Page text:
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Goodbye Colophon, Hello iBenedictines

This will be the last entry in Colophon. For a long time we have been concerned about the unwieldiness of our web site, much of which is attributable to the blog, which has grown like Topsey and caused no end of problems. At some stage the RSS feed became corrupted (easily done), and while it works in Webkit browsers like Safari, it is useless elsewhere. We've also been wanting to introduce new material and drop some which seemed to us rather tired, as well as developing a site which looks good on mobile devices.

It is difficult to devote time to one's own site when clients are clamouring for attention to theirs; so the makeover has taken much longer than we had hoped. From tomorrow, however, there will be a new blog on the block: iBenedictines, which you will find at (British users may find themselves adding a .uk to the domain name, but don't worry, that will get you there as well.)

won't die because we've come to feel an affection for this unruly child of our monastic brainpans. It has been incorporated as an archive into the revamped web site which, D. V., we shall be launching at the week-end. It will take a while to check that all the interior links to images and audio files are working as they should, but the permalinks and structure will be unchanged, so anything you've bookmarked should still be "findable". That's the theory, anyway.

iBenedictines will also be available on this site as well as at its standalone address.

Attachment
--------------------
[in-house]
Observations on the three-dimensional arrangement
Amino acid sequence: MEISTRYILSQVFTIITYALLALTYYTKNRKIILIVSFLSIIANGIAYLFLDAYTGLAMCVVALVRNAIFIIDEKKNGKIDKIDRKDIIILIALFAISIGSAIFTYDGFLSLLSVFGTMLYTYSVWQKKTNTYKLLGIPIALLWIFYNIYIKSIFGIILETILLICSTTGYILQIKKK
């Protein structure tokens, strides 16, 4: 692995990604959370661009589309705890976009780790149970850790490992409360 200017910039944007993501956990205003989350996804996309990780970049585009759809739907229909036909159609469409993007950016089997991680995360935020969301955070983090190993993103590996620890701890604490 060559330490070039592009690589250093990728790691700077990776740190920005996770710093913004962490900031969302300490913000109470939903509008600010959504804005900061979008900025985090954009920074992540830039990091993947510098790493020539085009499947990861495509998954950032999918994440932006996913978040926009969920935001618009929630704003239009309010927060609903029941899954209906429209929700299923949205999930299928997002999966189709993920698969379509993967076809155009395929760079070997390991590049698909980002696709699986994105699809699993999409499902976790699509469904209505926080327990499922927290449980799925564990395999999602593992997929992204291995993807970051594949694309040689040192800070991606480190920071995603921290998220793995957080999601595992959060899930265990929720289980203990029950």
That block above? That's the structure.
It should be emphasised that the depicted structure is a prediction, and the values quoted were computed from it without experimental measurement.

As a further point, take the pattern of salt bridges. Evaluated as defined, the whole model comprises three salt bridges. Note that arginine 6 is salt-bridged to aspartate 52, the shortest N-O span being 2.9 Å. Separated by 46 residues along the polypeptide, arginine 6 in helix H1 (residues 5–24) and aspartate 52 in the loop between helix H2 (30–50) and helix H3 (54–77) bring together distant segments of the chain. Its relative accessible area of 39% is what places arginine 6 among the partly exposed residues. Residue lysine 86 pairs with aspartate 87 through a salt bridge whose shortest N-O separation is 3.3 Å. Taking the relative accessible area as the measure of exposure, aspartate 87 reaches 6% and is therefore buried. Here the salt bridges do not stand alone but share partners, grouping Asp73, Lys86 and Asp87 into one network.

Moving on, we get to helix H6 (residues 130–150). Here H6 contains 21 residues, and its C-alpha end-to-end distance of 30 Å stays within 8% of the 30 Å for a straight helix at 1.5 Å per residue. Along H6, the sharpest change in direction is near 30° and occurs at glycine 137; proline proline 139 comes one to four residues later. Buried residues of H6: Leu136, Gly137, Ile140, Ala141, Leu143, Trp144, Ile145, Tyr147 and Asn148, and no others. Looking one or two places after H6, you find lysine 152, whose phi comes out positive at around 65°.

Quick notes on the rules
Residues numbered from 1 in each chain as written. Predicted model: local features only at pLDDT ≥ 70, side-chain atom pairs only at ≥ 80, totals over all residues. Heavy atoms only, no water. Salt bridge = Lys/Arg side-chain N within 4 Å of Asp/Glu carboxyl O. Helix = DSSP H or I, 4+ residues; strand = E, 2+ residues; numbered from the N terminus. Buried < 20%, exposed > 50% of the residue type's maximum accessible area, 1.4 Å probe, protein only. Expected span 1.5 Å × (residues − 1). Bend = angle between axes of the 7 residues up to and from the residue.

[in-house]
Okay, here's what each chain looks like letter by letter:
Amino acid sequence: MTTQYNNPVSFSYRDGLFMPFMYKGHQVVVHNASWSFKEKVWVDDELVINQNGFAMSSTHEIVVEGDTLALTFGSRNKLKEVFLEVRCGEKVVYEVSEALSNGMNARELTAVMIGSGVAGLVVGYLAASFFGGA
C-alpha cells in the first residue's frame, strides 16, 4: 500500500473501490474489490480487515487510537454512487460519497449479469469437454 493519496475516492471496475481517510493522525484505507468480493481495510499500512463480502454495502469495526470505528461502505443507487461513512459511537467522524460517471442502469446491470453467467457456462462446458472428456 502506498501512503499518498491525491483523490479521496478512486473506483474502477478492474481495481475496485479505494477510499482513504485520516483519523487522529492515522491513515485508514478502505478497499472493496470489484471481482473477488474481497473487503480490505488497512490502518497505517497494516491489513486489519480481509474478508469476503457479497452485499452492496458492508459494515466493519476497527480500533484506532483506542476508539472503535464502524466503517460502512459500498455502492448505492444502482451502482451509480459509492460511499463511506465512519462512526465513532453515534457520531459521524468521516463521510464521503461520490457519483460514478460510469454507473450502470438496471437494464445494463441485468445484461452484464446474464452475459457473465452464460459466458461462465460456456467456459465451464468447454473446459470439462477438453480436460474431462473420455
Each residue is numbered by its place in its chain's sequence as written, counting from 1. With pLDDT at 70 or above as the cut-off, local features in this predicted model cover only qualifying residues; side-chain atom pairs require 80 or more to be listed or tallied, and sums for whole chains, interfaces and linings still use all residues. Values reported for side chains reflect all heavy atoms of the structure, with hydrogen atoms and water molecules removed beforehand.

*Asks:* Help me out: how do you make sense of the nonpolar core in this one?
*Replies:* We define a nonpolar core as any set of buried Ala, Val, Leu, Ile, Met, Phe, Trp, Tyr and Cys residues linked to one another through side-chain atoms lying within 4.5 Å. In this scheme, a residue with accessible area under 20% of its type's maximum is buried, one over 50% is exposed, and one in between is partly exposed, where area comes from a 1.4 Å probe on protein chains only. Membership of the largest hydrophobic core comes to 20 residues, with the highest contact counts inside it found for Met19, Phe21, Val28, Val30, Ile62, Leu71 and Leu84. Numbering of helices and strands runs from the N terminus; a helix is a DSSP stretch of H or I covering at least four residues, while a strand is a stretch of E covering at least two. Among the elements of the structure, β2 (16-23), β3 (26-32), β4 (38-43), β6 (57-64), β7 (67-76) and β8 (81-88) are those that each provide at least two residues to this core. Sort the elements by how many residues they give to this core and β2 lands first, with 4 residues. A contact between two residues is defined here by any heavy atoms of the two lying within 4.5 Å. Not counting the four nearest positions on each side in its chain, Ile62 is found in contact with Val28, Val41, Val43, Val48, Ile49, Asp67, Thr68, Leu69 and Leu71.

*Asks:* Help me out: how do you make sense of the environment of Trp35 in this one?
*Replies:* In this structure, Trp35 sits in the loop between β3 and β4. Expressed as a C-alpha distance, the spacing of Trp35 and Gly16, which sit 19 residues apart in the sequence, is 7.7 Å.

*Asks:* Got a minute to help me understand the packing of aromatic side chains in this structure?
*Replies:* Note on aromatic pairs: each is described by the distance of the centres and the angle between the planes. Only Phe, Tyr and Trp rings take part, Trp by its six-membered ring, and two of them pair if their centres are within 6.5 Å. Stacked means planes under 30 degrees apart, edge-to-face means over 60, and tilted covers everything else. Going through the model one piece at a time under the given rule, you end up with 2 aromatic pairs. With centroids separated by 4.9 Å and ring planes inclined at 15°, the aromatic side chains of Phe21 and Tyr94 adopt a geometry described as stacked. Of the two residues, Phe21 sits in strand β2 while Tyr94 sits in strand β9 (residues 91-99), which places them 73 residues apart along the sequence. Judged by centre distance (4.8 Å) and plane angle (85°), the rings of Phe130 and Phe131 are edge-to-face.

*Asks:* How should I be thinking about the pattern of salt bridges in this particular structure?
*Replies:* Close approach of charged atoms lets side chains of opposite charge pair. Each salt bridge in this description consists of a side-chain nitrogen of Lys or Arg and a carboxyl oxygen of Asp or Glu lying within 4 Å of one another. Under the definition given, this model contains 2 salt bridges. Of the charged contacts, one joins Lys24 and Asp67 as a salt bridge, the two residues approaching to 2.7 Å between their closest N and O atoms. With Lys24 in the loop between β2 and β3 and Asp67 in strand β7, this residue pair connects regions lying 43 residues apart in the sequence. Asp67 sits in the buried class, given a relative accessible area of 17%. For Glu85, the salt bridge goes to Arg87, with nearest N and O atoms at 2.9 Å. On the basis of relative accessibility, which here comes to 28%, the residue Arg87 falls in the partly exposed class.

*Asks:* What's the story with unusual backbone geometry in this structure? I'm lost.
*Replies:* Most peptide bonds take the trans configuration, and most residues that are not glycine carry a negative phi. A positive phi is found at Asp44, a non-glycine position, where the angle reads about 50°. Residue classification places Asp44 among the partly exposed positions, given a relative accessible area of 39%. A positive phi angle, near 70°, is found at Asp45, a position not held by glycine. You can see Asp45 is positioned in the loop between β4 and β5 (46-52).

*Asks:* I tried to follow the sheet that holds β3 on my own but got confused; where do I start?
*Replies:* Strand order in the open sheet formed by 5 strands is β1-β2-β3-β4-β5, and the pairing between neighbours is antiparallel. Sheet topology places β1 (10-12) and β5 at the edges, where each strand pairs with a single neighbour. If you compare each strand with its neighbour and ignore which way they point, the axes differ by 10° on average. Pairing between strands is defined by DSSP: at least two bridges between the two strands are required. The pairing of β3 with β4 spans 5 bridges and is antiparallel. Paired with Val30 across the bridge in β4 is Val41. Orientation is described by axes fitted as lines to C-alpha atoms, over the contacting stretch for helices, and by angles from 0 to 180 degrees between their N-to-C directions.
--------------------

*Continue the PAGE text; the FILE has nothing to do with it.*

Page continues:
This is not the recommended way to relaunch a web site but the sealing wax and string approach does have its advantages, though you might find it difficult to convince Digitalnun of that at the moment. If a thing is worth doing, it's worth doing as one can, not as one can't. And if that sounds remarkably like Dom John Chapman's advice on prayer, the coincidence is entirely intentional.

The Silence of Snow

The mantle of snow lying over much of Britain this morning will not be welcomed by all but it is the perfect gift for the beginning of Advent. Snow is mysterious, beautiful, silent. It both conceals and reveals. It draws us away from the ordinariness of life to its extraordinariness, and it does so softly, silently, almost stealthily, just like Advent.

At Vespers this evening we shall sing the first of those haunting Advent chants, full of Israel's longing for the coming of the Messiah. Then we shall enter into the special silence of this season: the silence of waiting while the mystery gradually unfolds, like a winter rose on Jesse's ancient stem.

Pity the Pope

Colophon has watched with fascination the way in which the media and blogosphere have picked over a few sentences in the latest papal interview (which is, apparently, of book-length. Gone are the days when a few lapidary sentences could express the deepest truths of Christianity). It has been reminiscent of doing "gobbets", little chunks of medieval Latin containing highly controversial words and phrases, hotly argued over at the time they were written and still capable of raising the temperature of interested students.The trouble with gobbets is that they lack context, and unless one is prepared to do the proper amount of background reading, one can go seriously astray. The pope is a learned man who thinks in footnotes, so to say. Perhaps we should wait for the full text before deciding what he means. In the meantime, pity the pope. It seems everyone is prepared to argue with him, about him, over him; but listen to him, that depends.